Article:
I think that there should be a complete review in depth of the Sunday observance laws. It is no use the Government contracting out of this. It is an impossible task unless the Government take it upon themselves or at least give all possible help, and it cannot be dealt with in a Bill as flimsy as this. Wales has a separate tradition. It is different from England in many respects, and it should be dealt with differently. I do not say that the result would be so different in Wales; we do not know. But what about the local option Clause as drafted? I know that the hon. Member for Woolwich, West is trying to meet certain objections, and I am grateful to him for his sensitivity, but this is not an adequate way of dealing with the matter.
Without doubt there are great commercial interests behind the Bill. What will happen if there is a local option? A vote will be taken every now and then, with, on the one side, a financial incentive and an ability to call on a good deal of money to try to achieve a given result. Other people who might have opposing views might not have those resources. Presumably the money which the promoters would spend on promoting a certain result in a local option would be allowable against tax, whereas if a man dips into his pockets to object as a citizen that would not be allowed against tax. An unreal result is often obtained because many people are indifferent to what is proposed and do not appreciate what is going on.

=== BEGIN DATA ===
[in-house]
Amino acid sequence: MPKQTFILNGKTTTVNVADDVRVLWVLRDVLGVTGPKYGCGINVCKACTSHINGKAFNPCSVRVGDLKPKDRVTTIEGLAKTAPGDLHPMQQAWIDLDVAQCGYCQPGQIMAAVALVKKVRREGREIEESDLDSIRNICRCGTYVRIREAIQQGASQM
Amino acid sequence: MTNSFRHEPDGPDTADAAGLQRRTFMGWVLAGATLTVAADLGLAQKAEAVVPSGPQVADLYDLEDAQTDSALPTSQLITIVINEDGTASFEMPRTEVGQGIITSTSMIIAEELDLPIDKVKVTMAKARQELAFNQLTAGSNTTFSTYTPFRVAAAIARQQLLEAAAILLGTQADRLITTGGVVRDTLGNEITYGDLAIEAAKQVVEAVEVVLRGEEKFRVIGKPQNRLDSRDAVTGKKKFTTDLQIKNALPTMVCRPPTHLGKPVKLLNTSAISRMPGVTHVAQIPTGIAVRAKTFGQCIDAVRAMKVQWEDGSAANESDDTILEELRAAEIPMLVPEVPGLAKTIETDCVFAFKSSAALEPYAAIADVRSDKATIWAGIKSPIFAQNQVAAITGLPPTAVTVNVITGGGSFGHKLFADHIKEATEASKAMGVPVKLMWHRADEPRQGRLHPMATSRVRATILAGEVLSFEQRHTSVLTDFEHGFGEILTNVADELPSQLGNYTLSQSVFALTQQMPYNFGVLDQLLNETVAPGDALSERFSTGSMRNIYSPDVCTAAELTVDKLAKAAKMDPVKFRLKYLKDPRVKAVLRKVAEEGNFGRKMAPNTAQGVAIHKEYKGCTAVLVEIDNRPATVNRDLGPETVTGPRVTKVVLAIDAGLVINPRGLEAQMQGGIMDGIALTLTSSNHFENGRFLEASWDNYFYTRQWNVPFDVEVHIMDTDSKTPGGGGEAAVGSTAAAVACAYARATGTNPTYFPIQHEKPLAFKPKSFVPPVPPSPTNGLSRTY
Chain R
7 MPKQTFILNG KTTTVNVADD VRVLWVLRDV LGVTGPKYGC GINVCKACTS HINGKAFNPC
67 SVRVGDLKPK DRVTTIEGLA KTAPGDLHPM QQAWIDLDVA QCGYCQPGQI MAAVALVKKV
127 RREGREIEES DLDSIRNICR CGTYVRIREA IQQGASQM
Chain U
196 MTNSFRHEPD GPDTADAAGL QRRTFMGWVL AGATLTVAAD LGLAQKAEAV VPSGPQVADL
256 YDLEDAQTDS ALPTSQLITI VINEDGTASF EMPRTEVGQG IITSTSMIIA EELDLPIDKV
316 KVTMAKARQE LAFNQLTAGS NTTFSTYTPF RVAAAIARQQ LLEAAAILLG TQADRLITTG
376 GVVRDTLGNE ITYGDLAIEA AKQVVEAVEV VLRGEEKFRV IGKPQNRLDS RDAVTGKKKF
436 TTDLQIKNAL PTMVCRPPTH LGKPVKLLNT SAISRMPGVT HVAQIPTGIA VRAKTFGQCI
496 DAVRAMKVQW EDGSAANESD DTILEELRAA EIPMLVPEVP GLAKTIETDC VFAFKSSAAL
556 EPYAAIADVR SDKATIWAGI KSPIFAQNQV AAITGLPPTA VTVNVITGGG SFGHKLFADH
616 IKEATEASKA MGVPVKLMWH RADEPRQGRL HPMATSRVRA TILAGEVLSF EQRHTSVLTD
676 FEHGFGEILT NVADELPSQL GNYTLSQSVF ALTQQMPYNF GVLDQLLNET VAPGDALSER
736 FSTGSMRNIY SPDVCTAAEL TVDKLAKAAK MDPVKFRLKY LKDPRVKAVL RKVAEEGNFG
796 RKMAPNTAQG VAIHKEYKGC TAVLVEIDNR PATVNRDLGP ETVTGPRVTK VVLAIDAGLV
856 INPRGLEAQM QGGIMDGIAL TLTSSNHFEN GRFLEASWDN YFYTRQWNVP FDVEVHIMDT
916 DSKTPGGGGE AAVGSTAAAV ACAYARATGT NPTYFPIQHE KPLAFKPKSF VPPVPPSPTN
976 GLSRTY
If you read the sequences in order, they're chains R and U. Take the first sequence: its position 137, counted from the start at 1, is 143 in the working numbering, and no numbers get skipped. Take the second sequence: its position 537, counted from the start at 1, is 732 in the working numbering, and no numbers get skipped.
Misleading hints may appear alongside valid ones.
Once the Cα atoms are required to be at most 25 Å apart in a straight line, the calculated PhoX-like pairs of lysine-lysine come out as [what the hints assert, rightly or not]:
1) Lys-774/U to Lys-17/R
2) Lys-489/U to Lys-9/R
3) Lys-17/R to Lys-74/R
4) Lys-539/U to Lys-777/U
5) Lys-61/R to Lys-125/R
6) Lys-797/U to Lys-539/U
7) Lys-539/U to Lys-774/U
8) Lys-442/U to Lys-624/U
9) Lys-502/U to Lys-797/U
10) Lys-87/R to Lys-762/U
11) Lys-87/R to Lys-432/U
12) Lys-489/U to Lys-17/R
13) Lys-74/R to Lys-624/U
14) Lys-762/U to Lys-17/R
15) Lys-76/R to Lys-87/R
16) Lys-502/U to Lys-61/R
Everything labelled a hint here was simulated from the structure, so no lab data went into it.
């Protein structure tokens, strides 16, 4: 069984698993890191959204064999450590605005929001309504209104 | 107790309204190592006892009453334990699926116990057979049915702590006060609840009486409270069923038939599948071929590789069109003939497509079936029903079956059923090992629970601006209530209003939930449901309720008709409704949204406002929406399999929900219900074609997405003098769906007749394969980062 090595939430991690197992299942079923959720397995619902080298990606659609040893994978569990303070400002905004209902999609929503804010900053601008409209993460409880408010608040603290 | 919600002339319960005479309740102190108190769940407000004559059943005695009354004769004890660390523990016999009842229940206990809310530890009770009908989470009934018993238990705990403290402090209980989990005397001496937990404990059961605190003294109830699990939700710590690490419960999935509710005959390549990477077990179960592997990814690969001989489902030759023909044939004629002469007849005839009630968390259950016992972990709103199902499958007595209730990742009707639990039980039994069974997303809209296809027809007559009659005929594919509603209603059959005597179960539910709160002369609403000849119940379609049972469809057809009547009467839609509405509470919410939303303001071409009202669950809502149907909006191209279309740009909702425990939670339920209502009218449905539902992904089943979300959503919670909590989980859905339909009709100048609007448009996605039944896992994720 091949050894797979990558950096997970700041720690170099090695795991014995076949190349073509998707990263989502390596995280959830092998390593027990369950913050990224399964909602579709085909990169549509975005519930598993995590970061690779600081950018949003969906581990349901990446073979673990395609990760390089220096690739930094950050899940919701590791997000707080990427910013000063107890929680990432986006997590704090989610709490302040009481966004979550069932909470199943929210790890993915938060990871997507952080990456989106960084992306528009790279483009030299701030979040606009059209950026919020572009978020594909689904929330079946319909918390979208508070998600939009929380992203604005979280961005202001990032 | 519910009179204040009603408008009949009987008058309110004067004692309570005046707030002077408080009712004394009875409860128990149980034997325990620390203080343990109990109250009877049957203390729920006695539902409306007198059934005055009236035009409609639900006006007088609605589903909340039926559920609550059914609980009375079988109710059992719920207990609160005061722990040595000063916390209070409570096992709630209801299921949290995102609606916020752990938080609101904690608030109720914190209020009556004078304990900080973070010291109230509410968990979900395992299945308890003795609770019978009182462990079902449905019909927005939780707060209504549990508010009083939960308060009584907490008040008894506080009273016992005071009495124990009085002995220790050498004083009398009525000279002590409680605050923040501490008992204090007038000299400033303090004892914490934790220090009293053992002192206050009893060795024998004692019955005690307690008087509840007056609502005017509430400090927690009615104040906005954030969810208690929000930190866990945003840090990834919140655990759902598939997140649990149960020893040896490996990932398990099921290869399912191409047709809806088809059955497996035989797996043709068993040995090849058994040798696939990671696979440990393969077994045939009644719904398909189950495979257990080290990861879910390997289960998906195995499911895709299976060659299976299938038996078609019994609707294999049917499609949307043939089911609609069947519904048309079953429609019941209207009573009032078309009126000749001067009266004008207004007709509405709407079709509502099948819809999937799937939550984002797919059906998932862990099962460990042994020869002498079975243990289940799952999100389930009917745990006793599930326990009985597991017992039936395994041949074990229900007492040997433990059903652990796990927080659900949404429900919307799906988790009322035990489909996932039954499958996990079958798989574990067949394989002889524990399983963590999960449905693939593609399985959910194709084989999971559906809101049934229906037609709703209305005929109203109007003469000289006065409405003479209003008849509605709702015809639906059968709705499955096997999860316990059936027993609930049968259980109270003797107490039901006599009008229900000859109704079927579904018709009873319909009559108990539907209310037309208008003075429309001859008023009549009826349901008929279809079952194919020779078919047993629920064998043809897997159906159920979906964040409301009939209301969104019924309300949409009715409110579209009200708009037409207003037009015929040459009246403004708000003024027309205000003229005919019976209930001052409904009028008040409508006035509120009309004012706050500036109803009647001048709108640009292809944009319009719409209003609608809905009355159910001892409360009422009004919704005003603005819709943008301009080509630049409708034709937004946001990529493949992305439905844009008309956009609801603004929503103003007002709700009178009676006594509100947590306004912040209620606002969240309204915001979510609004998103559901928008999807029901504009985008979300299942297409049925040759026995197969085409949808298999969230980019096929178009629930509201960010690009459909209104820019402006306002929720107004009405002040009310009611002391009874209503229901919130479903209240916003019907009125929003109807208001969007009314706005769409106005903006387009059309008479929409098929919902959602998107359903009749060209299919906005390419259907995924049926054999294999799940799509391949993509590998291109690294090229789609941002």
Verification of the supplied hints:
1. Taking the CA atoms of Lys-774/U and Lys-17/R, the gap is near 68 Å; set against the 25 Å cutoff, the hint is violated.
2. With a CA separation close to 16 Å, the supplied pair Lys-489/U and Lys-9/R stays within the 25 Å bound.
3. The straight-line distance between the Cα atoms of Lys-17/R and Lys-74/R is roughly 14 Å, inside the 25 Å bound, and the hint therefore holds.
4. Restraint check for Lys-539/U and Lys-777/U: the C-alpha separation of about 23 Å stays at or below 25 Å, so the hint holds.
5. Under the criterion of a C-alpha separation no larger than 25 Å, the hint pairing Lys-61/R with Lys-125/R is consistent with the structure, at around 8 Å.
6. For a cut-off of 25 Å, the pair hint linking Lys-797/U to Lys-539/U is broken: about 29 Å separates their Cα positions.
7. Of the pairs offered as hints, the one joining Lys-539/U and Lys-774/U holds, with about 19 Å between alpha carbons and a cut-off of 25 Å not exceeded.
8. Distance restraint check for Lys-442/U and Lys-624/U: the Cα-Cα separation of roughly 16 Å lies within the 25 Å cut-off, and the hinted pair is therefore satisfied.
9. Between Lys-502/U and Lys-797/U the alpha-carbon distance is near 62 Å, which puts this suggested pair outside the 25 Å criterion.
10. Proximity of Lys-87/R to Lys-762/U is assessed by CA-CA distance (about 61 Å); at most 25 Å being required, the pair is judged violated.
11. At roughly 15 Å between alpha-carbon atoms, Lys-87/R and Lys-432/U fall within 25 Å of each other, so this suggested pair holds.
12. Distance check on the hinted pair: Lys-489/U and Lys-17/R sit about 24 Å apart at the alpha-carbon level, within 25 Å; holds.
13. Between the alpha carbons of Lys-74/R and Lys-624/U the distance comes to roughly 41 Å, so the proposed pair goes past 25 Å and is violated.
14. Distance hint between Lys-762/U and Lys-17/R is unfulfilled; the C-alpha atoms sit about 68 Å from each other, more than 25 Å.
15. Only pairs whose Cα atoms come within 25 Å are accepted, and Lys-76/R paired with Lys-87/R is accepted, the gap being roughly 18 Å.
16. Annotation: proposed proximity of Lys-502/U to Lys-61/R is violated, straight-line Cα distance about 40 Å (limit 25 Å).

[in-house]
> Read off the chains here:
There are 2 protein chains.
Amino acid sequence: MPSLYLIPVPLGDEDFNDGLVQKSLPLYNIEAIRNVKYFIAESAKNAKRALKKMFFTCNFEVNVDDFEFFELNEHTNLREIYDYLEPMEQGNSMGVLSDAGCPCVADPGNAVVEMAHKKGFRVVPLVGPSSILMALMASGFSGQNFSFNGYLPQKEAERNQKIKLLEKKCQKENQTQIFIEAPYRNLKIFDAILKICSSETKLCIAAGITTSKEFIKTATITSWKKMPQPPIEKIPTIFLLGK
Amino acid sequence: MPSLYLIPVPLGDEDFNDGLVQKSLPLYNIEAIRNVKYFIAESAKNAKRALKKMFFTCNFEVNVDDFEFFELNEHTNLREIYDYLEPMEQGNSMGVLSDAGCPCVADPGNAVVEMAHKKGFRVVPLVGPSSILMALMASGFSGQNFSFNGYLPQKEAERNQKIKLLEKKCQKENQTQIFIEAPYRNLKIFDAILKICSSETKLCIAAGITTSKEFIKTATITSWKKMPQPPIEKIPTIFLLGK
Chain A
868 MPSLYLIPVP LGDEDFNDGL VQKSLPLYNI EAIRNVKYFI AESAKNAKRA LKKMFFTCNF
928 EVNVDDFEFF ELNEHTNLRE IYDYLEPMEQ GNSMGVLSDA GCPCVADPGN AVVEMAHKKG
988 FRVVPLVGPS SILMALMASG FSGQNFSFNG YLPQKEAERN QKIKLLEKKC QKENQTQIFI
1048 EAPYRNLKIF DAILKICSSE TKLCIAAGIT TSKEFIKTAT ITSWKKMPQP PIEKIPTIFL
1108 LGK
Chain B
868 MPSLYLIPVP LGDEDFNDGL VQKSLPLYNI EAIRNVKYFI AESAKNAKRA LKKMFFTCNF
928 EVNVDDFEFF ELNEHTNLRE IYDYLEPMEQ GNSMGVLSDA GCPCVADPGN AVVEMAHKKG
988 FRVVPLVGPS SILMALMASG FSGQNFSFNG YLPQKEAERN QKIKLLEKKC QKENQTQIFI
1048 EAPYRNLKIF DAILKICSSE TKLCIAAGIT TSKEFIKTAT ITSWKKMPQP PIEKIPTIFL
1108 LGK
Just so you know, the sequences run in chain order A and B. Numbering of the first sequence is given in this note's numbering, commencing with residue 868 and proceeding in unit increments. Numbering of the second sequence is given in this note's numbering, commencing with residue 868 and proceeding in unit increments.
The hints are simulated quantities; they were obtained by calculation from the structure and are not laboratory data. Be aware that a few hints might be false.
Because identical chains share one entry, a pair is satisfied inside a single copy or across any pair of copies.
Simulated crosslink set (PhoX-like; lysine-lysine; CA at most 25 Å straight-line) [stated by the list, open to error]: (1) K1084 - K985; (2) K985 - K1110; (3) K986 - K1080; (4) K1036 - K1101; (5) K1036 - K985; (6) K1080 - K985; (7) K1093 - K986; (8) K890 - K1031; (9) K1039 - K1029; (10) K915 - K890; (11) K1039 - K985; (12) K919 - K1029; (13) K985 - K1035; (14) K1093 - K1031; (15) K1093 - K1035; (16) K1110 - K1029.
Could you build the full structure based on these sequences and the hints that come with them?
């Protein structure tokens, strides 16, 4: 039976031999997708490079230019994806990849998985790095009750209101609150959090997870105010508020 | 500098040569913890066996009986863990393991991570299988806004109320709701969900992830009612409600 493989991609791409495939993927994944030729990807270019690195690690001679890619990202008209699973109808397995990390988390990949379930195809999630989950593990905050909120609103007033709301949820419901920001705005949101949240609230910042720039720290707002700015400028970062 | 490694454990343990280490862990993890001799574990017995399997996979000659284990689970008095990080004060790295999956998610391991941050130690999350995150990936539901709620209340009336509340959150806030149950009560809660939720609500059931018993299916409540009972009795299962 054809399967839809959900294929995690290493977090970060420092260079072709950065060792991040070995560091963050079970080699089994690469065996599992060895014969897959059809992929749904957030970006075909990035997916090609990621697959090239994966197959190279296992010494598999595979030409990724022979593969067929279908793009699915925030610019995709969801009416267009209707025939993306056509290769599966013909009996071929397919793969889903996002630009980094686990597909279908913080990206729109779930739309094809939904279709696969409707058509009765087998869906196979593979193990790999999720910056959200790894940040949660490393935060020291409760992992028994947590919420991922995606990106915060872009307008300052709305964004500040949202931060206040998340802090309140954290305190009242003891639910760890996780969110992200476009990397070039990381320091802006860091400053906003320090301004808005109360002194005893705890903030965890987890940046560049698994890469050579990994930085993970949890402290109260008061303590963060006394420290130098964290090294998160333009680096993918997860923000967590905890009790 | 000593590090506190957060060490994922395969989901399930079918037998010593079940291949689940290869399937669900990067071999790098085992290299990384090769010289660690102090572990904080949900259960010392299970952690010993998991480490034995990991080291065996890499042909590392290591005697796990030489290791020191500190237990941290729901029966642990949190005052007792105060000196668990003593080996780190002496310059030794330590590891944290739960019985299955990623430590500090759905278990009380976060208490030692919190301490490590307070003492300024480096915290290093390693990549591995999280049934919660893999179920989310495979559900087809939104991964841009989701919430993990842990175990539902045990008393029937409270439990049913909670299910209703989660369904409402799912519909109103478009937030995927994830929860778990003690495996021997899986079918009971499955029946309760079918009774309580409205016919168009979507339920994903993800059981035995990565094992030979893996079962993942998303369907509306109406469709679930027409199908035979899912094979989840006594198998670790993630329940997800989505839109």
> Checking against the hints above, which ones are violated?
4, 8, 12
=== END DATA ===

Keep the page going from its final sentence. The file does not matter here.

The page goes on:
I am a great believer in the view that we are here not to represent a point of view, but to exercise our judgment on behalf of our constituents. The practice of taking votes locally should not be extended. There is only one issue on which this sort of vote should be taken, and that is on a great constitutional issue, which should be dealt with by means of a referendum. I do not like such votes on all kinds of social issues. If the Sunday laws in Wales are to be reformed—and they should be, although I would not go about it in this way—the representatives of Wales, Members of Parliament, should do it. This could be dealt with in the Welsh Grand Committee. It is highly objectionable that the promoters of the Bill should have included Wales and excluded Scotland and Northern Ireland.